Opening Your Car Door Like the Dutch Do Can Save Cyclists' Lives

iStock
iStock

Urban cyclists encounter many dangers: Path-clogging pedestrians and reckless drivers are among the most obvious, but bikers also face an under-the-radar road risk called “dooring”—the collision that results when a parked driver opens their car door into an oncoming pedaler’s path.

Most states don’t track dooring accidents, so it’s hard to determine just how often they occur. However, Grid Chicago analyzed Illinois Department of Transportation data from 2011, and found that one in five bike crashes in Chicago were caused by dooring that year.

To prevent dooring accidents, The Telegraph reports that drivers in the Netherlands rely on a simple practice that’s been dubbed the “Dutch Reach": After parking, they reach for their car door’s handle using their right arm instead of their left one, even though the latter is closer to the door. This method forces the drivers to pivot their bodies so they look over their shoulders, allowing them to notice incoming bikers on the street.

Children in the Netherlands learn this habit from their teachers and parents, and it's even included on their driving tests. Now, the practice is starting to catch on in the U.S., thanks in part to vocal evangelists like Michael Charney. Charney, a doctor from Cambridge, Massachusetts, founded a website called dutchreach.org after a local woman named Amanda Phillips was killed in a dooring accident. It provides resources about cycling safety, and suggests ways to promote the Dutch Reach. Meanwhile, advocacy groups like the San Francisco Bicycle Coalition are also spreading the word.

Some U.S. cities, like Minneapolis, are starting to build protected paths for bike-loving commuters. But in most places, designated paths for cyclists are situated in a “door zone,” a.k.a. the buffer zone between parked cars and the main road. Until more cities invest in infrastructure changes to keep bikers safe, U.S. drivers can save lives by adjusting their habits.

Master the Dutch Reach by watching the tutorial below, courtesy of Outside magazine.

Whiten Your Teeth From Home for $40 With This Motorized Toothbrush

AquaSonic
AquaSonic

Since many people aren't exactly rushing to see their dentist during the COVID-19 pandemic, it's become more important than ever to find the best at-home products to maintain your oral hygiene. And if you're looking for a high-quality motorized toothbrush, you can take advantage of this deal on the AquaSonic Black Series model, which is currently on sale for 71 percent off.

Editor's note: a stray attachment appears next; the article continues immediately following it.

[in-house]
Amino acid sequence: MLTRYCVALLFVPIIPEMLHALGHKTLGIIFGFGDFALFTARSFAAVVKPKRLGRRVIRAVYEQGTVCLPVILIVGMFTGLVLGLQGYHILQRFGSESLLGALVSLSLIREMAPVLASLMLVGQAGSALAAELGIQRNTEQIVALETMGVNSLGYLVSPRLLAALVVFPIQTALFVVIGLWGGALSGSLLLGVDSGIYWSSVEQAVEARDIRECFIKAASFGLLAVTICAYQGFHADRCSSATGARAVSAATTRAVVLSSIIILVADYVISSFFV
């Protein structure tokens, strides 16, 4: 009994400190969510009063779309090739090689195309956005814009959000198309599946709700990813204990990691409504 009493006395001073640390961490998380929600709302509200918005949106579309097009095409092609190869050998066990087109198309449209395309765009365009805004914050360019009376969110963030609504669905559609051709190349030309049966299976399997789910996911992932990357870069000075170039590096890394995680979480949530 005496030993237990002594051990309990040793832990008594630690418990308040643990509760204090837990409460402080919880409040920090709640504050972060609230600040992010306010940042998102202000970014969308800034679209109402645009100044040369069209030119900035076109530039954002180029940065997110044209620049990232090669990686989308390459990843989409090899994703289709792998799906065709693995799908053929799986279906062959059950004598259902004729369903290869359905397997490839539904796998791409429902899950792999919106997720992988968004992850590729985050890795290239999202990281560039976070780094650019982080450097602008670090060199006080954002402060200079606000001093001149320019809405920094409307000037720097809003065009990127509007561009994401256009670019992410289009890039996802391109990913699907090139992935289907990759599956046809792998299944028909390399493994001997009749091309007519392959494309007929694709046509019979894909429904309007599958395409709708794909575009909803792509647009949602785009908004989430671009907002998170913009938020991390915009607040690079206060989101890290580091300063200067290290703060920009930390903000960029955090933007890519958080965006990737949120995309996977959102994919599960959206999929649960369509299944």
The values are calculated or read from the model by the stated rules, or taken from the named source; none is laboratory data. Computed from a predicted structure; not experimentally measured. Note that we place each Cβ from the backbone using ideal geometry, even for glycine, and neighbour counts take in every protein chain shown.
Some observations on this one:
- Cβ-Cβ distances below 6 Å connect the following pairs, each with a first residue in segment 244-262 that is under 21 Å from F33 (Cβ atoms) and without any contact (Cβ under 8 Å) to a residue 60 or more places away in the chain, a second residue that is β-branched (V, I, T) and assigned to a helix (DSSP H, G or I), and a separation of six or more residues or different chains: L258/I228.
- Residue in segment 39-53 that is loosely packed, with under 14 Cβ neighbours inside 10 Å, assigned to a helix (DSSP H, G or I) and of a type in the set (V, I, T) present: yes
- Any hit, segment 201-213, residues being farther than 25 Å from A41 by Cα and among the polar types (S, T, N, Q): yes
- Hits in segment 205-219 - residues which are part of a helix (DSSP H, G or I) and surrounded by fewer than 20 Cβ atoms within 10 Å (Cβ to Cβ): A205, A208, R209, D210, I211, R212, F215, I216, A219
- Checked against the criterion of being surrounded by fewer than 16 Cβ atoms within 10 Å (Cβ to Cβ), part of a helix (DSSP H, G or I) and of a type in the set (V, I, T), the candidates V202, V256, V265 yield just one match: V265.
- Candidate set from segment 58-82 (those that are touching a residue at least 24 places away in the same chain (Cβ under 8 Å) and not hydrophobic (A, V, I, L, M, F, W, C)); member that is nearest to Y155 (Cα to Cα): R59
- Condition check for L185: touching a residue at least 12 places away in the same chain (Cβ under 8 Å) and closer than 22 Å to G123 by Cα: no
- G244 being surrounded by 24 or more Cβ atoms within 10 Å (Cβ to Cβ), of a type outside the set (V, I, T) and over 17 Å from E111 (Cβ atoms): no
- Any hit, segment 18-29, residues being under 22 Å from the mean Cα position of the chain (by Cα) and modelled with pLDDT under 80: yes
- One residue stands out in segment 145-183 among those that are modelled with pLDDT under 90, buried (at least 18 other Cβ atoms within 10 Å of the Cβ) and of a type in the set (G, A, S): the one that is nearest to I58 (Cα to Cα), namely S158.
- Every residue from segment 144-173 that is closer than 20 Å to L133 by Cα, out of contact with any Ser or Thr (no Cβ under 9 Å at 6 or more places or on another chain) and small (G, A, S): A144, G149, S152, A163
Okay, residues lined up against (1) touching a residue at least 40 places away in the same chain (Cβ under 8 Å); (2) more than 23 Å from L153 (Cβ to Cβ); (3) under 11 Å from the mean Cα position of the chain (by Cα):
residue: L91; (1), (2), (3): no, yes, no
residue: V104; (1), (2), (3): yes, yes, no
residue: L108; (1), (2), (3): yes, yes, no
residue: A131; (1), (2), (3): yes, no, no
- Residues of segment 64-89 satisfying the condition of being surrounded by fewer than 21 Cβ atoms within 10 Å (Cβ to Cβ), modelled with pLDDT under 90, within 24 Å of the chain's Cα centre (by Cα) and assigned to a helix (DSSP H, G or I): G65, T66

This smart toothbrush can actually tell you how long to keep the brush in one place to get the most thorough cleaning—and that’s just one of the ways it can remove more plaque than an average toothbrush. The brush also features multiple modes that can whiten teeth, adjust for sensitive teeth, and massage your gums for better blood flow.

As you’d expect from any smart device, modern technology doesn’t stop at functionality. The design of the AquaSonic Black Series is sleek enough to seamlessly fit in with a modern aesthetic, and the charging base is cordless so it’s easy to bring on the go. The current deal even includes a travel case and eight Dupont replacement heads.

Right now, you can find the AquaSonic Black Series toothbrush on sale for just $40.

Price subject to change.

 

AquaSonic Black Series Toothbrush & Travel Case With 8 Dupont Brush Heads - $39.99

See Deal


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Zappos Is Now Selling Single Shoes and Mixed-Size Pairs, Making Its Offerings More Accessible

REVOLT, Unsplash
REVOLT, Unsplash

For people with differently sized feet or prosthetics, shopping for shoes is often more complicated than it has to be. Zappos is now addressing this problem with a simple fix. As CNN Business reports, shoppers can now purchase single shoes or mixed-size pairs from the online shoe retailer.

According to Zappos, customers have been requesting more accessible shoe-buying options for years. For some people with prosthetic limbs and differently sized feet, spending money on extra shoes they don't need is the only way to get the right fit. Some people with amputations and prosthetics may only need to wear one shoe from a full-priced pair.

Thanks to the new policy, these customers no longer have to overpay to get the shoes that are right for them. As of Tuesday, July 14, Zappos shoes from Nike, BILLY Footwear, Converse, PLAE, Stride Rite, and New Balance are officially available to purchase as single shoes or mixed-size pairs. The shoes range from toddler to adult sizes and are priced at $17.50 to $85.

Zappos is the latest brand to make its products accessible to a wider consumer base. For years, Target has been selling Halloween costumes for wheelchair users and adaptive clothing that's easy to remove for kids with physical disabilities.

[h/t CNN Business]

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